Recent legislation, aimed at cutting greenhouse gas emissions in line with commitments to the Kyoto Accord, will likely increase scrutiny of building envelope performance in Europe, says Cameron Johnstone, a lecturer at the Energy Systems Research Unit at Scotland's Strathclyde University. The directive, enacted last month, applies to renovations and new construction and requires governments to introduce standardized methods for calculating building energy use by 2006. With buildings said to account for a third of energy use by European Union countries, immediate and full implementation of the legislation would allow the EU to achieve, within 10 years, its full Kyoto goal of cutting emissions by 8% below 1990 levels, according to some estimates.

Double-skin facades are a popular approach to all-glass building envelopes in Europe, especially in Germany, where regulations mandate that office workers have access to daylight and fresh air, according to John Durbrow, senior vice president of architect Murphy/Jahn. The Chicago-based firm designed a 40-story, double-skin headquarters building for Deutsche Post in Bonn that was occupied in late December.

The building's envelope consists of an outer layer of laminated glass and an interior layer of double-glazed glass with operable windows, separated by a 1.7-meter gap. Blinds between the two layers, controlled by a building management system, provide protection from solar gain. During the cooling season, warm air is drawn into the gap and purged through outlets located every nine stories. Cooler air on the inside of the blinds is drawn into the office space through fan-coil boxes that further lower the air temperature. Radiant cooling in the floor slab helps lower the room temperature more before the air is exhausted into an atrium space. During the heating season, the system acts as a buffer, tempering the outdoor air before it is drawn into the offices.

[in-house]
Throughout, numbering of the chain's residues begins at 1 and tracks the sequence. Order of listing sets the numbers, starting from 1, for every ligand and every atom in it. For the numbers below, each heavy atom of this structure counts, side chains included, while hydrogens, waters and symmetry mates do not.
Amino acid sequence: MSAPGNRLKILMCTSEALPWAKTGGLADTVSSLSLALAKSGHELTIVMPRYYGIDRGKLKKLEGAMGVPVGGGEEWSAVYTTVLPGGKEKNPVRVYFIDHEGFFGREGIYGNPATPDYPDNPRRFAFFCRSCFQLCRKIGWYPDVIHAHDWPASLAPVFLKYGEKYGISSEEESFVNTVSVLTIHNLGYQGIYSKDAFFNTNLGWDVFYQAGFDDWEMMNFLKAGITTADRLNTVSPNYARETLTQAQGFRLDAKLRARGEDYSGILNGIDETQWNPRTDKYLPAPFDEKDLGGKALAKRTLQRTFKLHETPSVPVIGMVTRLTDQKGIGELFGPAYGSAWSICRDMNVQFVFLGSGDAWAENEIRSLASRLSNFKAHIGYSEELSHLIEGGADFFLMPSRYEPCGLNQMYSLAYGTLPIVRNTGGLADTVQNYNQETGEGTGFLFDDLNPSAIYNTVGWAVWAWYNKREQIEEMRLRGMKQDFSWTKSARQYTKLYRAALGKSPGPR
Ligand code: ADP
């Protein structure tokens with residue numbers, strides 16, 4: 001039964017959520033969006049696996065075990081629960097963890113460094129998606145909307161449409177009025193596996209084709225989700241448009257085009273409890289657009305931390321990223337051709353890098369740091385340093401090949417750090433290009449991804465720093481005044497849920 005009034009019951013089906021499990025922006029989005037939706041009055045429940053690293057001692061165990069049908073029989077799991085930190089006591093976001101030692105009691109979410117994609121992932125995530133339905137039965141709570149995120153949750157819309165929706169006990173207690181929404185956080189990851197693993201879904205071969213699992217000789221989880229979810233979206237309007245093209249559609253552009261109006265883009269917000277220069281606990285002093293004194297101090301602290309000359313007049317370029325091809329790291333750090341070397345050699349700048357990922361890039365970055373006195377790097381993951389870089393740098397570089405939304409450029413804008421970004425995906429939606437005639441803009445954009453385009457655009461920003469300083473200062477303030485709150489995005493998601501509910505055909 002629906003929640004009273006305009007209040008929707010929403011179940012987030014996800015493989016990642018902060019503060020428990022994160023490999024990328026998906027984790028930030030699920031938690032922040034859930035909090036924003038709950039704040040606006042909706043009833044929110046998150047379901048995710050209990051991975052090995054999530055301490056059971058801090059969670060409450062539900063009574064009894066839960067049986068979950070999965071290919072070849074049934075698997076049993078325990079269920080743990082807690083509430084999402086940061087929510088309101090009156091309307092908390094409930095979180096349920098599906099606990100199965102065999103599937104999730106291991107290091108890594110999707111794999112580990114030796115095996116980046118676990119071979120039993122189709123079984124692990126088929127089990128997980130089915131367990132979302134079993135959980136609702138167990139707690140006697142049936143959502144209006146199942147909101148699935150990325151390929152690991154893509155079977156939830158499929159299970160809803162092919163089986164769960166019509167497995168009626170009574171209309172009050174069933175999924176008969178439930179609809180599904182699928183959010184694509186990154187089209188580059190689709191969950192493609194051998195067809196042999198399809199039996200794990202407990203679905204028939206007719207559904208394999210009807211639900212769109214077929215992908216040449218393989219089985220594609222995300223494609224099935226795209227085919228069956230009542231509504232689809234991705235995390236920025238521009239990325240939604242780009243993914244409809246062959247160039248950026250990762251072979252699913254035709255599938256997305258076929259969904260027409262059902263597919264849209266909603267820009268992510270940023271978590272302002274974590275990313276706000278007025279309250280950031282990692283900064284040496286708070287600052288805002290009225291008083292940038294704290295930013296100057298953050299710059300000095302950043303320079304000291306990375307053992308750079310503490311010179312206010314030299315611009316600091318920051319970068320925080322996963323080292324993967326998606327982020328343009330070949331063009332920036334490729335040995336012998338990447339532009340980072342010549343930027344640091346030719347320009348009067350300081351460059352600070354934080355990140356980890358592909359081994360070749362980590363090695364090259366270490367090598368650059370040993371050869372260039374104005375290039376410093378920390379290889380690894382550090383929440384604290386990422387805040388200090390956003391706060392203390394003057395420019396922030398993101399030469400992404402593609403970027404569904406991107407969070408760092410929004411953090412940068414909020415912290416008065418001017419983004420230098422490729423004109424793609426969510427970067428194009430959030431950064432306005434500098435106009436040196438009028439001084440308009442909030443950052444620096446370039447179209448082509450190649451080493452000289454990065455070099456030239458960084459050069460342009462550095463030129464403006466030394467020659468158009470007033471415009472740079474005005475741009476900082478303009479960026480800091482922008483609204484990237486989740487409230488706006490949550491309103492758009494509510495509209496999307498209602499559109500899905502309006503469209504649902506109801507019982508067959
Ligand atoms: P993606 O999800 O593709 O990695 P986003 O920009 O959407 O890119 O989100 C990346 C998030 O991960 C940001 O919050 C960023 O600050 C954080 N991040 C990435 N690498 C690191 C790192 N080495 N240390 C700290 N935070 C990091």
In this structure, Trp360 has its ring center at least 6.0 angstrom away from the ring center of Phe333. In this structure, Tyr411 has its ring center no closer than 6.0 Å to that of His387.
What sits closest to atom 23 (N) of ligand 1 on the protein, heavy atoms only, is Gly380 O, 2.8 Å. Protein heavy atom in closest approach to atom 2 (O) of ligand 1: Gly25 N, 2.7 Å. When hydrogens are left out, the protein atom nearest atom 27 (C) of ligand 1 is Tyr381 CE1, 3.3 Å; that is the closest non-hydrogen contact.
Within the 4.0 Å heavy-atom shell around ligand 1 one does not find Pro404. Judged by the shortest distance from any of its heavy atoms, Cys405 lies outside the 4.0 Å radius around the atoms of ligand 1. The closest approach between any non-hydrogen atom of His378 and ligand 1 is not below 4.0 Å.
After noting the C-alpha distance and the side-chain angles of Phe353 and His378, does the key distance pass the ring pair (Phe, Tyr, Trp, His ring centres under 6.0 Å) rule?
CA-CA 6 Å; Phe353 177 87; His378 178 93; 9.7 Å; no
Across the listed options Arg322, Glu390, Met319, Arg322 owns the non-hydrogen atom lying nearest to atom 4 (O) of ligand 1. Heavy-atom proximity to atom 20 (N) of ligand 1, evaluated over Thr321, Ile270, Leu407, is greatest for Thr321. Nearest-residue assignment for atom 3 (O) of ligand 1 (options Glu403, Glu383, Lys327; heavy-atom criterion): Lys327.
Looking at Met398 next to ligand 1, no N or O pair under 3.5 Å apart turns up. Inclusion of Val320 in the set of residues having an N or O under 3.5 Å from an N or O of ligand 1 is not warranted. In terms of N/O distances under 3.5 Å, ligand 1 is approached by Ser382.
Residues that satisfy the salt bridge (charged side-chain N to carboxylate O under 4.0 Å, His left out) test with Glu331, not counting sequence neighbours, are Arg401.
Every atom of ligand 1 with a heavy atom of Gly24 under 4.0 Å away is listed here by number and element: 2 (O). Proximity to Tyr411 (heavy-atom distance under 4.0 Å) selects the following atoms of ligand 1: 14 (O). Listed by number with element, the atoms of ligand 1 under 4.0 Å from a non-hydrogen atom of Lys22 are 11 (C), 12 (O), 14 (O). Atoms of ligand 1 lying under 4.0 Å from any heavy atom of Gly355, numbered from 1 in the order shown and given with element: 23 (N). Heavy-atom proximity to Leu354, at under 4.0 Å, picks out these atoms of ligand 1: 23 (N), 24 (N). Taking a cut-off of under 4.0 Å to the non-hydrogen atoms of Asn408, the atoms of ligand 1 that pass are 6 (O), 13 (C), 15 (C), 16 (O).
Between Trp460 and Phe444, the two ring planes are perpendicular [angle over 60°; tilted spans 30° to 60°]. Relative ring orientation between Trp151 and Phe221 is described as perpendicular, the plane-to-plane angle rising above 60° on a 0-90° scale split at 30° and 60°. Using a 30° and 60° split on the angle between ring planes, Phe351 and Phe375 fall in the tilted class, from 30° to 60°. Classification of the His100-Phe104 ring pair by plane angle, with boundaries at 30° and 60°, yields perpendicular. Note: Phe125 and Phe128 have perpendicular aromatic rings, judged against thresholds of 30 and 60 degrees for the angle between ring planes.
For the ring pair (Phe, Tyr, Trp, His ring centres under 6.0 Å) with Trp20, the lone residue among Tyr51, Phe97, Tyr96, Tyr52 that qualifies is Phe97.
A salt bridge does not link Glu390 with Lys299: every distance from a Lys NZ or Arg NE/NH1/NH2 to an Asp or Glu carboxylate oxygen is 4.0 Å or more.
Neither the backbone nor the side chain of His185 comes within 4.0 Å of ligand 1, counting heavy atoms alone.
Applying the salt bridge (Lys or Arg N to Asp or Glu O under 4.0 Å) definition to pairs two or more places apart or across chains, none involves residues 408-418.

Deutsche Post's double-skin system, along with its integrated approach to heating and cooling, could cut energy use by 50% compared to a building with a single facade and central air conditioning, says Matthias Schuler, principal of Transsolar Energietechnik GmbH, the project's Stuttgart-based climate consultant.

Despite the expected effectiveness of this deep double-skin system, it soon could be replaced by one that is less real estate and capital intensive. Murphy/Jahn plans to use a double-skin system that is only 26 cm deep for a speculative 200-m-tall office tower in Frankfurt set to begin construction in 2005. The goal is to achieve "the same efficiency in a thinner package," says Durbrow.

There are signs that such systems have a future in the U.S., even though low energy costs seem to provide little incentive for owners. In Philadelphia, contractors are nearing completion of a $16.5-million building for the University of Pennsylvania's School of Engineering and Applied Science that is clad with a double-skin system that has a 4-in.-wide cavity between an external double-glazed unit and an interior single-glazed unit.

The architects chose the system in order to maximize the penetration of natural light into the 48,000-sq-ft, six-story building located on a tight site surrounded by several existing structures, while maintaining the thermal comfort of the users. "The university didn't want to fry the occupants in the summer or freeze them in the winter," says Richard Maimon, an associate at KieranTimberlake Associates LLP, Philadelphia.